So a thought, the heavier 8mm Kurz bullet combined with a higher velocity produced more shock and stopping power on a human target both in close and at a distance.
    So even though I am not really qualifed to give an opinion, but if I did, I would base it on that the MP44 full auto capacity is there when needed in close in encounters and provides better aimed and distance fire then the PPsh. And in both cases better stopping power. So even though I have not shot a ppsh, the things I mentioned have nothing to do with the machanics of it but I feel are compeling enough to make an opinion on which one I would choose and that would be the MP44. Just some thoughts, Ray
     
  6. Proeliator

    Proeliator Member

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    Ofcourse it would take time if they were to make use of the StG's absolute full potential, that is not the point however, the point is that; trained in the best possible application of the StG or not, the average rifleman would gain tremendously in combat efficiency by just recieving the weapon and training with it for a couple of weeks, being taught the basics of how to best deploy it on the battlefield. But let's not forget that they would have from early 1943 to mid 1944 to theorize, test and implement new doctrines around the use of the StG.

    So I'm really failing to see the issue here.
     
  7. Proeliator

    Proeliator Member

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    Source for what, the available manpower ? (Can be found almost anywhere) Or for SS Wiking's first achievements with the StG ? (Mkb42) [Peter R. Senich]
     
  8. MikeRex

    MikeRex Member

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    Um, no. Just no. It's got 72% the bullet mass and even out of custom-built AR-15 uppers w/ 16" barrels it's still a good 150 FPS slower. That comes to 66% the KE of the 7.62x33mm.

    It's a hot pistol round to be sure, but it's not equivalent to the M1 carbine.

    Which is pretty much irrelevant for military cartridge comparison because everyone will be using FMJ for everything.

    That seems like a reasonable evaluation.
     
  9. Martin Bull

    Martin Bull Acting Wg. Cdr

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    Oddly, my copy of Senich's 'German Assault Rifle 1935-1945' doesn't refer to this at all, but possibly it's an earlier edition (1987). He merely states that comparative testing of the Haenel MKb42(H) and Walther MKb42(W) was ' reportedly conducted...within various field units' ( P.43 ). In the MP 43/1 chapter, he does make the following observation (p.65) '...weapons from the MP series were issued to combat units along the Eastern Front during the fall and winter of 1943, with Army Group North known to have received the MP43/1 as early as September 1943'.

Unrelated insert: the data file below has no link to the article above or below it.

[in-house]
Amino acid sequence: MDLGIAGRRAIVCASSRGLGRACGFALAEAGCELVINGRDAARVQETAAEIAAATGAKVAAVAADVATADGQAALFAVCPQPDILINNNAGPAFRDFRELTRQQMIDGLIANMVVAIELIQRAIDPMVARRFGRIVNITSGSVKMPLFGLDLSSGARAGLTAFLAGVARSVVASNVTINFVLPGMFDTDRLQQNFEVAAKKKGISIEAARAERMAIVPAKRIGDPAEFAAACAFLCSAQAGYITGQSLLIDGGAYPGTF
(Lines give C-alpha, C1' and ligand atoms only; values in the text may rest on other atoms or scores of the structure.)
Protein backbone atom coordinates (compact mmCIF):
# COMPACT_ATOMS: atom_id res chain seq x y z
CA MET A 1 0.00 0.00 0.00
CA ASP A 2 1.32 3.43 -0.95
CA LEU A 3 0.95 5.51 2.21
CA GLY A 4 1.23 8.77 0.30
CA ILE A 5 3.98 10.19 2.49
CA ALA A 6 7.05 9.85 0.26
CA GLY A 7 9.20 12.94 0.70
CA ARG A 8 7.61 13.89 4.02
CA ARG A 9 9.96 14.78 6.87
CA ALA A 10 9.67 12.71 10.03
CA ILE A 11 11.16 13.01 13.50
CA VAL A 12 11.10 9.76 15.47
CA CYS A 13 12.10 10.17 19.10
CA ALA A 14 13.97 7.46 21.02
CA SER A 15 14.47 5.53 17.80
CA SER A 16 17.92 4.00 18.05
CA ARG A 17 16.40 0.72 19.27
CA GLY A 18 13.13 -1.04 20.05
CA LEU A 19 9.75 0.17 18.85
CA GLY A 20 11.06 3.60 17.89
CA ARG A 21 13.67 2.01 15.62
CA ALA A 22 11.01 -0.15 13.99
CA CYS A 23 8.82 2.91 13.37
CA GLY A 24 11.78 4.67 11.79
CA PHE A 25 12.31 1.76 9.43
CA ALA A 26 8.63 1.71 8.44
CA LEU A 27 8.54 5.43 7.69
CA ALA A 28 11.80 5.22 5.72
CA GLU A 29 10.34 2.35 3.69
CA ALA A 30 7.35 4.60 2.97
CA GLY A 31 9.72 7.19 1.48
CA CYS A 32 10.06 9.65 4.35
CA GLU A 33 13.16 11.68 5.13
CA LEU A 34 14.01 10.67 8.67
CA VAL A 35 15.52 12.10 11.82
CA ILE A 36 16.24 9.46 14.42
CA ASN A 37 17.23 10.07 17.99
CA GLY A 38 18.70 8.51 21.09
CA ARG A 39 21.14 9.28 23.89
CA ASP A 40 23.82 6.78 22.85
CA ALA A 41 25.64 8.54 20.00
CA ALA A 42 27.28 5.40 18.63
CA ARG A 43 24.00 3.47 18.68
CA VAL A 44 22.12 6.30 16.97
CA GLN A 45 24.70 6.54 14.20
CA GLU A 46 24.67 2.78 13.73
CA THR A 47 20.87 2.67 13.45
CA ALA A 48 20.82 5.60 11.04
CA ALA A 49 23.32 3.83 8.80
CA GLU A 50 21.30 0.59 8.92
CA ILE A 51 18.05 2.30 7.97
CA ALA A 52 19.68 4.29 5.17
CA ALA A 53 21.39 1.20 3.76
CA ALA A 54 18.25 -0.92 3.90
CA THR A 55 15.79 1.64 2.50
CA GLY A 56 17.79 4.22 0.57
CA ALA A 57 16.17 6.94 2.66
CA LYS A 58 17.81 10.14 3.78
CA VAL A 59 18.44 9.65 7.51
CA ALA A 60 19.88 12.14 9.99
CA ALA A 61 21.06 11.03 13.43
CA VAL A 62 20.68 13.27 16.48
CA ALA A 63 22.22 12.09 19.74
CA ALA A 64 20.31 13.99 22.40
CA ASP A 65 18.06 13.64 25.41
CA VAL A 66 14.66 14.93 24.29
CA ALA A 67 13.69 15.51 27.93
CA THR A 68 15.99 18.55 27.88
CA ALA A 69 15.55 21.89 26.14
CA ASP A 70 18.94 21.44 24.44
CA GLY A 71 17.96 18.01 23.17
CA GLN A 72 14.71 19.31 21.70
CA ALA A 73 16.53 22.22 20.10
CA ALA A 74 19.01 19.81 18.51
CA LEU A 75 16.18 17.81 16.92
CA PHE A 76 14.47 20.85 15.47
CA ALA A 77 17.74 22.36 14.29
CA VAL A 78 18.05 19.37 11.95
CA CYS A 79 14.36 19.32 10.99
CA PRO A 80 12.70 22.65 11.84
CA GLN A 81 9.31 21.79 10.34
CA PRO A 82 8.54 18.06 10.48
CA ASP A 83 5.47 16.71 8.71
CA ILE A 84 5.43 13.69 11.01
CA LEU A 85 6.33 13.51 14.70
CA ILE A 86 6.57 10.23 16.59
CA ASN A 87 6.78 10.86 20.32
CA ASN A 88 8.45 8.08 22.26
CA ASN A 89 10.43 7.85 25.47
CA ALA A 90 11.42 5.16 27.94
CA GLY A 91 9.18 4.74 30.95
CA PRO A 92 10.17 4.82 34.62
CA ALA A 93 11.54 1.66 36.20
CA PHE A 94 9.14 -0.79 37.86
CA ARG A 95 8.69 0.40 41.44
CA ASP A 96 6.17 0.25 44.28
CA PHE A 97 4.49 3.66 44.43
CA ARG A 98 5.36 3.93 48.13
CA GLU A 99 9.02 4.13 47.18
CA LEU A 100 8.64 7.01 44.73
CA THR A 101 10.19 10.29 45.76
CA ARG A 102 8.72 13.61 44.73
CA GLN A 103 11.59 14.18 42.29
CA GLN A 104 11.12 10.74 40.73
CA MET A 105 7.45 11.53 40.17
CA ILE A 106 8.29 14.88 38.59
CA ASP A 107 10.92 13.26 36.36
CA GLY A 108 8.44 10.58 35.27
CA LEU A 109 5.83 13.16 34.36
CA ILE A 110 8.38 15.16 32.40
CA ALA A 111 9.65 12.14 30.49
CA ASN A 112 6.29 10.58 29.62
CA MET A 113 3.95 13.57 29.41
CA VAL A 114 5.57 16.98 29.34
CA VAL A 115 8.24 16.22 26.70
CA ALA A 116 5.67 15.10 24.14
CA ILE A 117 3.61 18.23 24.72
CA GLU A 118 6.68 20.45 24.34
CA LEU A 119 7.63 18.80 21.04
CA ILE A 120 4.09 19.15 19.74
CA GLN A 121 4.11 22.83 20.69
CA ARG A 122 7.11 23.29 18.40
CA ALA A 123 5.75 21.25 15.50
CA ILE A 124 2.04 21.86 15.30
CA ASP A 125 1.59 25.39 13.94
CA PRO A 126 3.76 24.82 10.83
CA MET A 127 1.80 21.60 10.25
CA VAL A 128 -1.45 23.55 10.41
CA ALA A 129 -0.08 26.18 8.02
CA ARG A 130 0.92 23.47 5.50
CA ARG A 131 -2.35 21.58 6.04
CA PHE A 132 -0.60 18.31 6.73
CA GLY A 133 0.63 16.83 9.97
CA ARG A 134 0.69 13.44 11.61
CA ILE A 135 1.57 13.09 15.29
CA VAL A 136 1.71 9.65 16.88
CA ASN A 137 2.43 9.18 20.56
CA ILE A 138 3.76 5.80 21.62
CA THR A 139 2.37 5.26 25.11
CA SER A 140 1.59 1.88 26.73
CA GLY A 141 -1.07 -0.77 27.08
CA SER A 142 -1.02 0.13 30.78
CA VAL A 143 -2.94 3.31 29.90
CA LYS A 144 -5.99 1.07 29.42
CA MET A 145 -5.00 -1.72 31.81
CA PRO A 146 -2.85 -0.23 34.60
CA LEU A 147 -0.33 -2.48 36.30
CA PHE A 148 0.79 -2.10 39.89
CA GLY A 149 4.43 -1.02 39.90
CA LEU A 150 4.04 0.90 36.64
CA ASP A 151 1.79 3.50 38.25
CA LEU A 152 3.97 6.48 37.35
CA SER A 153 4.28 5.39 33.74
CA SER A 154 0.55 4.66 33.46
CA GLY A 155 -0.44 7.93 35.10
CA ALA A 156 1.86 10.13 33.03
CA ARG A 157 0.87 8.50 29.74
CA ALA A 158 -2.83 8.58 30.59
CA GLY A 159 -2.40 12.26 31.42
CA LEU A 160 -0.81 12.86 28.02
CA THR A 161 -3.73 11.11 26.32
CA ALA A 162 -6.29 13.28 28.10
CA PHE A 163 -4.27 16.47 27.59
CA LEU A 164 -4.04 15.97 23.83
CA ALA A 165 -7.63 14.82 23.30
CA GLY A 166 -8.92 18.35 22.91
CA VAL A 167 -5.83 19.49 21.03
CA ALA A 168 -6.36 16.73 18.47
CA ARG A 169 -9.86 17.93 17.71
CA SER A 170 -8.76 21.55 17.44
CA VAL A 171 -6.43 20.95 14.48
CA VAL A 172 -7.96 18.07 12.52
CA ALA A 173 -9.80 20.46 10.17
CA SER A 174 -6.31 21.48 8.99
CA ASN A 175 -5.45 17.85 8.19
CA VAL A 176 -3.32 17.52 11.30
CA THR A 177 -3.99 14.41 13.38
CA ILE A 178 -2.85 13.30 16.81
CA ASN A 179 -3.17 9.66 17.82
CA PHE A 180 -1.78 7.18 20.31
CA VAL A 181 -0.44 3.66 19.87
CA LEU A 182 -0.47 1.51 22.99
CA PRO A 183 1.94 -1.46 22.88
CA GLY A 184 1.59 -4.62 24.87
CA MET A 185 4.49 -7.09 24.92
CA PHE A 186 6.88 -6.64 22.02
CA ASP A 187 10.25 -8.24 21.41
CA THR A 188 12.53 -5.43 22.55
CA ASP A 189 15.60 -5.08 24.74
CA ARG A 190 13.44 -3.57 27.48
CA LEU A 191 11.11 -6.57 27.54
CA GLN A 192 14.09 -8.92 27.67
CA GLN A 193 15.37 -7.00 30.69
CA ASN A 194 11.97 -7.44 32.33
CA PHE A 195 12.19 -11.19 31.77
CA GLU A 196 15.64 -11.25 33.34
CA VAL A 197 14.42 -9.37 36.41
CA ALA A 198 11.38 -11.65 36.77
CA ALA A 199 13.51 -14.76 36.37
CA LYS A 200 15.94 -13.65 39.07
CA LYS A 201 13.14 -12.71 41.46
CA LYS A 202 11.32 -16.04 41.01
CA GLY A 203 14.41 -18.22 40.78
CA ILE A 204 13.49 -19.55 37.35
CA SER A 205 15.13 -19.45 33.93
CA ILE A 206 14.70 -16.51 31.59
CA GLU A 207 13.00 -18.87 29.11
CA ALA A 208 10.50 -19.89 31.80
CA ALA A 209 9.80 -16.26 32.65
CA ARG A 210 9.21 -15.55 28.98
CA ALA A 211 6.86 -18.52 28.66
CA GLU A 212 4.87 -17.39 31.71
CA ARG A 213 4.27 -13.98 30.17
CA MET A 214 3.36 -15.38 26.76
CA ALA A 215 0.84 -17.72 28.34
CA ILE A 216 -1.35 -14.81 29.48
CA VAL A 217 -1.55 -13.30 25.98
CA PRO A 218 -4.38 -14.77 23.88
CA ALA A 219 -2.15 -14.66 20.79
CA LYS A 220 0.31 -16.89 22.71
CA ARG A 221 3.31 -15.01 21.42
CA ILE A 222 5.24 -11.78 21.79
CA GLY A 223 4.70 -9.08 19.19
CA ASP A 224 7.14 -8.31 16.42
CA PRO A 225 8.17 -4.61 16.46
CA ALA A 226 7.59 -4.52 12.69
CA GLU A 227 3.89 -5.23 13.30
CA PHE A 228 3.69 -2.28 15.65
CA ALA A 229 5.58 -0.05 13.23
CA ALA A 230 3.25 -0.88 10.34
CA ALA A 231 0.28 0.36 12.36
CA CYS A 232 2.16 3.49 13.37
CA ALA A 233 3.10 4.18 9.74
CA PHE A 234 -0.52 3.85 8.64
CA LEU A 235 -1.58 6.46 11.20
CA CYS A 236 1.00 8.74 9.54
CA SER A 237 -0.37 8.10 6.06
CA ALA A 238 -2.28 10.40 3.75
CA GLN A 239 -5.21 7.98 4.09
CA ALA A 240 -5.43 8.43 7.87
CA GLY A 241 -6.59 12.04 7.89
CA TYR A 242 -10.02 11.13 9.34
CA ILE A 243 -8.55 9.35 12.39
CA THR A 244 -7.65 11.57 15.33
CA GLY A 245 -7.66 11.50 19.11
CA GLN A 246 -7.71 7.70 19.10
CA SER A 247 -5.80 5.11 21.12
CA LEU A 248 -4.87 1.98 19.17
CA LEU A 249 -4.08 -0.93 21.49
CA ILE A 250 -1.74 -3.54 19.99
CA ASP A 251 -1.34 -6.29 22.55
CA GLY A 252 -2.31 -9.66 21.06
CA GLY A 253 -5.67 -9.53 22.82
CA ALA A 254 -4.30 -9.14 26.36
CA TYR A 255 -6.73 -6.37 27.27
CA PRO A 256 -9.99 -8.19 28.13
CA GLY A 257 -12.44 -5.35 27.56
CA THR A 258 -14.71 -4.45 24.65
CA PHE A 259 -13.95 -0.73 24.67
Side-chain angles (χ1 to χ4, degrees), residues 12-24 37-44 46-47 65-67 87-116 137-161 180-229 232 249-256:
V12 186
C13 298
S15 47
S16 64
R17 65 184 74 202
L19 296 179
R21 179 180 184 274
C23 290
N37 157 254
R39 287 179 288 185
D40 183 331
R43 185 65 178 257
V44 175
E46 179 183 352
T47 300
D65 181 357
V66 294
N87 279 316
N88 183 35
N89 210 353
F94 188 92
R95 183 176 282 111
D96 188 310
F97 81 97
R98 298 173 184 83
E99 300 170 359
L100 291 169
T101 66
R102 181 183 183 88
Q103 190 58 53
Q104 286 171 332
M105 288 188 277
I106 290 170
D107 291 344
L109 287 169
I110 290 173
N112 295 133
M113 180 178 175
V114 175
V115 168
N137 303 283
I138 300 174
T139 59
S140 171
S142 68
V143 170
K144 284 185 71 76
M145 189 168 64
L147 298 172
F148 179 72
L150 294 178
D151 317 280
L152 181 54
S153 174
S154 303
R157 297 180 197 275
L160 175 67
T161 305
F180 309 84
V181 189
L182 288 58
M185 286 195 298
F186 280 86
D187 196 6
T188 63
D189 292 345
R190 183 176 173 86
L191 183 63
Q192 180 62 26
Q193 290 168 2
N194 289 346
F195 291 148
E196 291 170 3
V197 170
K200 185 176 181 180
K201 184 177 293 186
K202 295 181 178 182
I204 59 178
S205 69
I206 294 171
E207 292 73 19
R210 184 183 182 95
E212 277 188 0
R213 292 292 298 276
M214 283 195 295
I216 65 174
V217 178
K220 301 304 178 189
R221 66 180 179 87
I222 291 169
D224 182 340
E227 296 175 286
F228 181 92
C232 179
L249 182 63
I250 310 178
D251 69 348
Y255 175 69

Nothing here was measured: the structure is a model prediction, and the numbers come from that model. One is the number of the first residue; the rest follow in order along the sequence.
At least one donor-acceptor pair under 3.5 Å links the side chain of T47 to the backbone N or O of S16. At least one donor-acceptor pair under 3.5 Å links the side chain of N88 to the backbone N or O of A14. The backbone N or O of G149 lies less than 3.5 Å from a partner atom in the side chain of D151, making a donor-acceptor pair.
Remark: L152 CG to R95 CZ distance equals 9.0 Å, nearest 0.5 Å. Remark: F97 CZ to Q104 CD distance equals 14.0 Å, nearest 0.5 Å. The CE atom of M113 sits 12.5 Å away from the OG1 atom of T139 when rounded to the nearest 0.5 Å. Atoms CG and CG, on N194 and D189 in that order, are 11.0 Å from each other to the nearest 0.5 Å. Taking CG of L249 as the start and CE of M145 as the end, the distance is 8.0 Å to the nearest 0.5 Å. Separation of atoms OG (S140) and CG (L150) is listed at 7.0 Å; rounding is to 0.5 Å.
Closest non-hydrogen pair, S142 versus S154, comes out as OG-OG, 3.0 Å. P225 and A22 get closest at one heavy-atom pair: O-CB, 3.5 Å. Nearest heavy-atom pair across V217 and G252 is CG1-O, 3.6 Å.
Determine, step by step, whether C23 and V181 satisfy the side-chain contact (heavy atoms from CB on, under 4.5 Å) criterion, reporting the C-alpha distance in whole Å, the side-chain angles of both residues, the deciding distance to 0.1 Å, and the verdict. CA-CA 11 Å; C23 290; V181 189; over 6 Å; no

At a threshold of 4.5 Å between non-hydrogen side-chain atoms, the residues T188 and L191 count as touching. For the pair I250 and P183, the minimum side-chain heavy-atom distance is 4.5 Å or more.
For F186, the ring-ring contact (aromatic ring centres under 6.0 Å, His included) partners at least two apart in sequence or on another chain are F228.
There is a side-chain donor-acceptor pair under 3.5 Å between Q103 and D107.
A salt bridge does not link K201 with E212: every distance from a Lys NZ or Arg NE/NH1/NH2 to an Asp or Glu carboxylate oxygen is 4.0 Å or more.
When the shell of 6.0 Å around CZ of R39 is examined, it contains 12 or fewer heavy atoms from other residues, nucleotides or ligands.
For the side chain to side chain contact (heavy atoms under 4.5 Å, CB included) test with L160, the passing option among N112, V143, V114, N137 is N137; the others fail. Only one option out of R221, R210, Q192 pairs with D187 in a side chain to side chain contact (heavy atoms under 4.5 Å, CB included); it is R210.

Again, he doesn't mention any individual actions, stating only that 'the weapons were favourably received by the units to which they were issued'. ( p.65 ).
     
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  10. lwd

    lwd Ace

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    Not necessarily. For instance if you have a full auto capablity there is a tendency to use it. This may gain you an edge in the intial fire fight but if you burn through too much ammo leave you in a rather perecarious position if the fight lasts for an extended period of time or there are mutitple attacks prior to gaining resupply. Given that much of the time the Germans operated under signficant logistical constraints this is not a minor problem. If you use it in semi automatic mode it has far less impact and indeed becomes somewhat inferior to the Garand.
    The US had a lot more time than that to work on the M-14 and M-16 and needed it.
    Obviously.
     
  11. Black6

    Black6 Member

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    It's just a difference of opinion and I understand the point your trying to make, I just see it differently. WWII was a true combined arms war and the incidence of casualties indicates that small arms weren't decisive in a strategic or operational sense. The small tactical advantage that an assault rifle might lend to Infantry troops in specific circumstances isn't enough to change much of anything in my opinion. I personally don't see this as some sort of isolated assault rifle vs. bolt or semi-auto rifle rate of fire competition, mass industrial wars aren't fought in that way.
    The combat Infantry Soldier is just one cog among a great many in the combined arms machine, so increasing his efficiency is beneficial to the machine in an overall sense but not in any decisive way. The machine is just too large.
     
  12. Proeliator

    Proeliator Member

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    Ofcourse the StG was never going to change anything all by itself, the only point I've been trying stress is that it could've perhaps provided that last push needed to win some of the more closely decided battles of the war.
     
  13. lwd

    lwd Ace

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    This:
    Seems to be quite a ways from this:
    However your most recent comment raises the question which "closely decided battles"?